This man folded strips of metal to be added to the subframes. He folded them using a punch like a hardy hammer and a v block or hardy. Watch him working here: Blacksmiths 02
Further down the road and around the corner was another group of blacksmiths workshops. Here they made punches, chisels, sheet metal sheers, farming implements and traditional knives used in the preparation of food.
Watch them working and listen to the rhythm of the work here: Blacksmiths 03
Around the next corner a machine workshop turned down lengths of steel ready for threading.
Watch them working here: Latheworker.

As it started to get dark we made our way through the tight alleys and streets. I met a wonderful man who owned a spice mill, grinding turmeric and selling chilli and we talked whilst Sagor booked a small band and a truck for an event Owen was arranging.
Further along down narrow lanes and behind shops was a small dark and fume filled workshop where three young men worked together casting car door handles in white metal.
They used the sand casting process, packing special sand into an open frame around a model or pattern of the object to be cast.
A fine dust powder is used to act as a release between the pattern and the sand and between the two halves of the mould.
The pattern is removed from the sand and sprues or feeder lines are cut into the two halves of the mould. When the halves are placed together, molten metal is poured into the mold and allowed to cool.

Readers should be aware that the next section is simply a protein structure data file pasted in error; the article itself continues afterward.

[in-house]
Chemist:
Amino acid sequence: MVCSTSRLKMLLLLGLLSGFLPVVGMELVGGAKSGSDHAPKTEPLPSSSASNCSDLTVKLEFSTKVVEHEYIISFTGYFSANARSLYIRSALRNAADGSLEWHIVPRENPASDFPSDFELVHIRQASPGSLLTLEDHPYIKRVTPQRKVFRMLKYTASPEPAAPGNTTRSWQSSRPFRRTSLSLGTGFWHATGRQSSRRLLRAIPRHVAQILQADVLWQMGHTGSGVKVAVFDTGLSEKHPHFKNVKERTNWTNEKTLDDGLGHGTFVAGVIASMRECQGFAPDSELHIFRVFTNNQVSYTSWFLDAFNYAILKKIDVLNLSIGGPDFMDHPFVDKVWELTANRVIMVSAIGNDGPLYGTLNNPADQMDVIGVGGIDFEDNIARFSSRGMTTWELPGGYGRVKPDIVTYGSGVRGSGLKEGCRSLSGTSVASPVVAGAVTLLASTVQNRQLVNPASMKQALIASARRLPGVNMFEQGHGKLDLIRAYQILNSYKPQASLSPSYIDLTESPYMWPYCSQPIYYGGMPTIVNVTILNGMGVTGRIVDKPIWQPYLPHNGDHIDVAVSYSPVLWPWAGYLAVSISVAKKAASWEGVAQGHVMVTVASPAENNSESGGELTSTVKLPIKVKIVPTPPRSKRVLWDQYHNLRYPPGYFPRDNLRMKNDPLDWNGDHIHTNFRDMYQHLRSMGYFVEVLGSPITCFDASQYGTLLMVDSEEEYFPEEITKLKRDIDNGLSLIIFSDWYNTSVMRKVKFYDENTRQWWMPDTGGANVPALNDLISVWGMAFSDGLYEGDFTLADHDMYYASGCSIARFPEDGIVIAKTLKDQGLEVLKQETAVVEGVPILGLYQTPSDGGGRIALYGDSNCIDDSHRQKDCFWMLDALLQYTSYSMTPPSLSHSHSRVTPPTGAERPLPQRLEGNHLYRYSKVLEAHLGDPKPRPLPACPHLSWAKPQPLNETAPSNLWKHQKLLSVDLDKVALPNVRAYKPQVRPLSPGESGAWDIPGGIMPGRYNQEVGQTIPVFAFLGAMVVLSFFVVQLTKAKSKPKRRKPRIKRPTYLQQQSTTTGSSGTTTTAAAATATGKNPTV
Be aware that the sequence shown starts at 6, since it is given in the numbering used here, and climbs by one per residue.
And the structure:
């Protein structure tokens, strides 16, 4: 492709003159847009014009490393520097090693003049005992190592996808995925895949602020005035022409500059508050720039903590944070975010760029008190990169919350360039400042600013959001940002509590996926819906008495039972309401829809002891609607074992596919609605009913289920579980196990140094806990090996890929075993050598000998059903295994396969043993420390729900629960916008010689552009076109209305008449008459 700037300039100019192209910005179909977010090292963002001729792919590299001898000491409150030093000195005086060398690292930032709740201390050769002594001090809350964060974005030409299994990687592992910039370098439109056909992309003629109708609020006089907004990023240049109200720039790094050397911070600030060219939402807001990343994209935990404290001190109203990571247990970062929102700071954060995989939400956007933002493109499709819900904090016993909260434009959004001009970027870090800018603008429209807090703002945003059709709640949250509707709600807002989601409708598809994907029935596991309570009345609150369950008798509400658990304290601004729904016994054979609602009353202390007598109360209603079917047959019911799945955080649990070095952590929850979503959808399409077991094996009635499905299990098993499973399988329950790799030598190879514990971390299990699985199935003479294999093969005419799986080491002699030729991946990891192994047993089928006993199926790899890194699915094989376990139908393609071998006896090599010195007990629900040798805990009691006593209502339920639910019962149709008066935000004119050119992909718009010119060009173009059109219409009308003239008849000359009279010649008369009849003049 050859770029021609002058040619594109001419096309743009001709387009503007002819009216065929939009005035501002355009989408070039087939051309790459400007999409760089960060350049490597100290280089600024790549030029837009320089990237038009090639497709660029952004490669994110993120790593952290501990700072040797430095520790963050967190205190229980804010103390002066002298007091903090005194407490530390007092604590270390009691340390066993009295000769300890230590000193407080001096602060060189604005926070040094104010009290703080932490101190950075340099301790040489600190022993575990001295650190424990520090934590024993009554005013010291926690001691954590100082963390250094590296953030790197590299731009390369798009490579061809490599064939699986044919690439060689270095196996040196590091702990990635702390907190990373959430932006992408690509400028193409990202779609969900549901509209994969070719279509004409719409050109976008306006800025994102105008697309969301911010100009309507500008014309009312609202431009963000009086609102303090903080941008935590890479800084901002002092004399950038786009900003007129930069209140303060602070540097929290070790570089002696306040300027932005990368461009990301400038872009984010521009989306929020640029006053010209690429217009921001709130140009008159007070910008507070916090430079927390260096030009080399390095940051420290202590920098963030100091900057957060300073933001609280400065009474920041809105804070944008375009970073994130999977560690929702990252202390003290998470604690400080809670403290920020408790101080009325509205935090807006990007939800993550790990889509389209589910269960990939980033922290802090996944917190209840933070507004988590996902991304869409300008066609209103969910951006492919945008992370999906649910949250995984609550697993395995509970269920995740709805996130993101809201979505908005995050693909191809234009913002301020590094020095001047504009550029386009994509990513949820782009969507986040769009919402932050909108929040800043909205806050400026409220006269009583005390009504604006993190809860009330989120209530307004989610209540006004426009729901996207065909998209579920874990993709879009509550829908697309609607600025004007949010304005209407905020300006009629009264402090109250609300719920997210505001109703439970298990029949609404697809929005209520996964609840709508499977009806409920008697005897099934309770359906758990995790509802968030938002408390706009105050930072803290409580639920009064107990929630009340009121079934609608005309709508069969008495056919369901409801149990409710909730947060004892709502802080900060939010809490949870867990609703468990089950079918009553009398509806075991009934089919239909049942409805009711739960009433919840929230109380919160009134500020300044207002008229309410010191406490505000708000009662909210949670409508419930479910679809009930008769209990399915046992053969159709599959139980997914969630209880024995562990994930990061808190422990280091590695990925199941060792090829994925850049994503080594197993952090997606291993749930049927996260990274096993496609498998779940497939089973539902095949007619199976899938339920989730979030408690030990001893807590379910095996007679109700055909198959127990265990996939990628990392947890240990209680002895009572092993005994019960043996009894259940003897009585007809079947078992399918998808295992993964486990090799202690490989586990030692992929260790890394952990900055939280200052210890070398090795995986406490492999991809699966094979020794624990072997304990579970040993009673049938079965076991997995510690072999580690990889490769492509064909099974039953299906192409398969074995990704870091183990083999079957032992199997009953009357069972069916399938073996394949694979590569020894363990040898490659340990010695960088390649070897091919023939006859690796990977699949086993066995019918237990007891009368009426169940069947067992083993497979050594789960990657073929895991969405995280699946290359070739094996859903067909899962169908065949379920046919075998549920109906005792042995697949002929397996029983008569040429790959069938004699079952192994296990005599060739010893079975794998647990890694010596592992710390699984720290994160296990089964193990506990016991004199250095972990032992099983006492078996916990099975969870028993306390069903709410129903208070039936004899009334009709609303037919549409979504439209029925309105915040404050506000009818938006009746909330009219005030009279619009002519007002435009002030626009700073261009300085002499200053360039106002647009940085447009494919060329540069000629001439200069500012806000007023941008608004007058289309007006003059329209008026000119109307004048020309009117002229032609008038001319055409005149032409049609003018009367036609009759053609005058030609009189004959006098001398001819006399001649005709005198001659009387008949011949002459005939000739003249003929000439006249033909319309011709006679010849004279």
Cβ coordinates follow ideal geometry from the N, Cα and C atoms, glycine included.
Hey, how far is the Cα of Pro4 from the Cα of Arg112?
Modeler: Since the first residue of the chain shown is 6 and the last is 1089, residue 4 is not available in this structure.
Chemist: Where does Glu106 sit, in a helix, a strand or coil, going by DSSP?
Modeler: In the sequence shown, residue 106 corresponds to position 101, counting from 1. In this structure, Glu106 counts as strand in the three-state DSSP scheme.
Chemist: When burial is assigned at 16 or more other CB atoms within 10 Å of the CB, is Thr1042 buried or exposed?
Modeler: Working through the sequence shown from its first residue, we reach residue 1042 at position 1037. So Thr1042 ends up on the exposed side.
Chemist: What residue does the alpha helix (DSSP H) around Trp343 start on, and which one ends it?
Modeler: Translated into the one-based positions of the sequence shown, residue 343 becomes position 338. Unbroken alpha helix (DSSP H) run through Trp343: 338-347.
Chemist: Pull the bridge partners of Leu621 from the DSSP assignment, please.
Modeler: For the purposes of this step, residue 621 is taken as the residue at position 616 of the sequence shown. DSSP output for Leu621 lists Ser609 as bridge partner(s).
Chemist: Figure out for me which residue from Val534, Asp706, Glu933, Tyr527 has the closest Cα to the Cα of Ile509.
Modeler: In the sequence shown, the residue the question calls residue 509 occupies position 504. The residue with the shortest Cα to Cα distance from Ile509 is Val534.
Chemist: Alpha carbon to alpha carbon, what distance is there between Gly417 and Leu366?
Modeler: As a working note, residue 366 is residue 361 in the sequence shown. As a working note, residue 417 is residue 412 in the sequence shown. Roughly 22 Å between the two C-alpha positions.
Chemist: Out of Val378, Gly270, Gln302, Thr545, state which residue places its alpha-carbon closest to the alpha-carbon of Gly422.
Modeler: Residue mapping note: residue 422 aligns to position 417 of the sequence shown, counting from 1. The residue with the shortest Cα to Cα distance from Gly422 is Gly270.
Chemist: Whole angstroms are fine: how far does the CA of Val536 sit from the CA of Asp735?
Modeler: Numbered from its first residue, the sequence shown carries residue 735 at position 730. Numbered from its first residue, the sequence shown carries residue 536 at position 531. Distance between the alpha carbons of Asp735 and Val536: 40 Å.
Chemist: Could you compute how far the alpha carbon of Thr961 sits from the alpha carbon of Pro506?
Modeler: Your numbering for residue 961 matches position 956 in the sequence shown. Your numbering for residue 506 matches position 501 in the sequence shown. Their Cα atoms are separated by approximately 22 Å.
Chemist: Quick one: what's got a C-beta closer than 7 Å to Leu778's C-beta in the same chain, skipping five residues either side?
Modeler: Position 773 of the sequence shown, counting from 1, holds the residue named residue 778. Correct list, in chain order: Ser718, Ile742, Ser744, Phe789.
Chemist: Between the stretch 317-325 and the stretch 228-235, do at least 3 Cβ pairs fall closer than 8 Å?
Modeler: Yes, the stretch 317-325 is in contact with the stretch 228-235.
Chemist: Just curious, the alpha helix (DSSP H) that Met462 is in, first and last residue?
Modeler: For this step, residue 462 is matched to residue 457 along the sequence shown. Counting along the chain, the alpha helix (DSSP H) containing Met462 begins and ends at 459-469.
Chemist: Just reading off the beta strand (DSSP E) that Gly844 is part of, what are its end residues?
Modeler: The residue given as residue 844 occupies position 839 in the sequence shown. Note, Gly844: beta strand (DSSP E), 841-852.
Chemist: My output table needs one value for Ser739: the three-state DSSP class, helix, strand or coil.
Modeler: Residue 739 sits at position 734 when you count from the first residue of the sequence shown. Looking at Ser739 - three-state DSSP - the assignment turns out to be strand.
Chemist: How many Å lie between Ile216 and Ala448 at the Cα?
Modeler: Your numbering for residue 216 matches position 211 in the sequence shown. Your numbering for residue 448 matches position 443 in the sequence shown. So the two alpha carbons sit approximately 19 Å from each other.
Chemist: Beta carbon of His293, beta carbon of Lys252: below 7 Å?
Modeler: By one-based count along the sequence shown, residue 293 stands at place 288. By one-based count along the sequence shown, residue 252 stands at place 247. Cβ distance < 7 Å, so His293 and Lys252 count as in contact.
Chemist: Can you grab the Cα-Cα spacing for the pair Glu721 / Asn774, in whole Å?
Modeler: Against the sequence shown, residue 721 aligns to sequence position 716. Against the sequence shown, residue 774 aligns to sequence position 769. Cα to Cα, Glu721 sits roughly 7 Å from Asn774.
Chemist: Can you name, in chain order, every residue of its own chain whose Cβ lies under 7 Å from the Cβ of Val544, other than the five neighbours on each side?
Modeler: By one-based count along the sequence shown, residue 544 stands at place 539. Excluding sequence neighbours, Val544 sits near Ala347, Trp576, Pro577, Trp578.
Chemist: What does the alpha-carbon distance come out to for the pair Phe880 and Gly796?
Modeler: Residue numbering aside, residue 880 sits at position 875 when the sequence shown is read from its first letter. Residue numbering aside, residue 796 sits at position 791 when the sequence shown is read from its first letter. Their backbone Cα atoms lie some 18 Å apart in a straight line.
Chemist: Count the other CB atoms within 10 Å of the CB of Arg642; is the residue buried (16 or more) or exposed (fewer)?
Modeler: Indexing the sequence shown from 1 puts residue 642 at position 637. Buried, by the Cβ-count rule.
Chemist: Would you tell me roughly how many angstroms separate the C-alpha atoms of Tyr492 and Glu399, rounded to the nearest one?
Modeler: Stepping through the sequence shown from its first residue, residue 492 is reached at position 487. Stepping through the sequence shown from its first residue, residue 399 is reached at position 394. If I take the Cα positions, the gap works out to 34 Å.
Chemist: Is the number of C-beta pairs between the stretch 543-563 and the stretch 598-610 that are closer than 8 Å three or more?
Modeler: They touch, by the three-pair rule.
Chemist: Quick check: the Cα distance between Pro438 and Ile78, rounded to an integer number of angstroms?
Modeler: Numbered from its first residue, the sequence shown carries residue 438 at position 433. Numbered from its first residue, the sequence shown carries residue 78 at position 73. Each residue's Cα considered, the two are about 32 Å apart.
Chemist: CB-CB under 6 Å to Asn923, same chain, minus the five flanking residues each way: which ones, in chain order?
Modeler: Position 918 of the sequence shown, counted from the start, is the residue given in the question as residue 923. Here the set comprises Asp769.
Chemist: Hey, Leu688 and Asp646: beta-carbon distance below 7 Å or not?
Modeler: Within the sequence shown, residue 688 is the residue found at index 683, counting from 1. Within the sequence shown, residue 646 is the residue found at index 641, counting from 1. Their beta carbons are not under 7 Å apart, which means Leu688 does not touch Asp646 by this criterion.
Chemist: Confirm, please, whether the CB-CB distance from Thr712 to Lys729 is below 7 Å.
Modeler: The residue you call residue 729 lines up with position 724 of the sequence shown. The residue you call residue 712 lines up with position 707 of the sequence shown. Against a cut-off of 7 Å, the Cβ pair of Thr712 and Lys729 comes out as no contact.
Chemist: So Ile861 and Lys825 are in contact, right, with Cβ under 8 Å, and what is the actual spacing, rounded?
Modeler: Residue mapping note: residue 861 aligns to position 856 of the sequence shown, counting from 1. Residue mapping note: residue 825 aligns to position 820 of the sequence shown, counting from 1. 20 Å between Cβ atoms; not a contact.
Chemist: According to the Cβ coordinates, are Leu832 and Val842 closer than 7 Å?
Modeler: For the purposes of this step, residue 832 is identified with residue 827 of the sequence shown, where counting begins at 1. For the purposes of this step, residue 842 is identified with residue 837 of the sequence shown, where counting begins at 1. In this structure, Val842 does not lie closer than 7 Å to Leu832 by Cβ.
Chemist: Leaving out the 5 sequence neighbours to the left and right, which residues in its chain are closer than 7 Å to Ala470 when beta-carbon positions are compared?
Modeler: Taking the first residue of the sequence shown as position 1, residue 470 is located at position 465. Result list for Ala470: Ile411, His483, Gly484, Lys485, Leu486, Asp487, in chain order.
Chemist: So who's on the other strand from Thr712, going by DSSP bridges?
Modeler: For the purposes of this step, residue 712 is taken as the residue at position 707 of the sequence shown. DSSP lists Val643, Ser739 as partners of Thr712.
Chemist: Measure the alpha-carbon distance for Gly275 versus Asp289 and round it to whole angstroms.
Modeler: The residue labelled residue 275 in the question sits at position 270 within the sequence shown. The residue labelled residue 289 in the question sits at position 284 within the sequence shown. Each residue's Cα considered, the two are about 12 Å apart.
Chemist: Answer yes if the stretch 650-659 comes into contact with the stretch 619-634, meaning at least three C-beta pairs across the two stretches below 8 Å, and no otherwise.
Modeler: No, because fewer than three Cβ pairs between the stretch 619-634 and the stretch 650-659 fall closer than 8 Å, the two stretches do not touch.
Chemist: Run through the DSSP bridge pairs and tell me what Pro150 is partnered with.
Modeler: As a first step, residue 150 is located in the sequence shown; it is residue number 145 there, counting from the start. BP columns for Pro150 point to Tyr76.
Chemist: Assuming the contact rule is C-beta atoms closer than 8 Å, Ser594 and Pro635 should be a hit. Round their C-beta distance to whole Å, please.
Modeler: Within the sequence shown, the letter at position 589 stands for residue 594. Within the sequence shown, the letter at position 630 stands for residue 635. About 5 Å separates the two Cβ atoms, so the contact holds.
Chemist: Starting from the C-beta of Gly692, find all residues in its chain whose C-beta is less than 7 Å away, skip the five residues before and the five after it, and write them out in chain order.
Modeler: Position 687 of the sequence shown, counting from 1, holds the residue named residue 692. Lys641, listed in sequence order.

All metal when heated gives off fumes. The molten metal was kept in a liquid state in a crucible set into the ground and surrounded by bricks. The caster would dip a ladle into the crucible as each mold was ready.
Watch them working here: White Metal Casters
The men blended and packed the sand into the frames by hand. when the metal was cool the cast would be removed and the sand cleaned from the metal. The sand is remixed with the other in the centre of the room, ready for re packing.
We left the wokshop and made our way through more alleyways and tight roads. It was getting late into the evening and still the area was buzzing, workshops continued to work late into the night. The people seemed to be making the most of the cooler night air, work seemed to stretch across very long hours.
We travelled through a street with shop after shop selling cycles. I struggle to understand the economics of this, whilst shops selling the same product in a focused area would act as a centre for people to visit, they would know where to go to buy those items made sense but at the same time would increase competition.
Further along we passed a workshop making incubator hoods, large shallow cones of sheet metal used to shield lamps and provide heat when raising chickens. Beautiful big shapes made from sheet metal.
One man riveted the cone edges together and fitted a hood whilst another man and his son (?) folded edges along the edge of the strips of metal.
Watch them working here: Sheet metalworking 02
It was getting close to 9.00 in the evening, we jumped in a rickshaw and headed for home.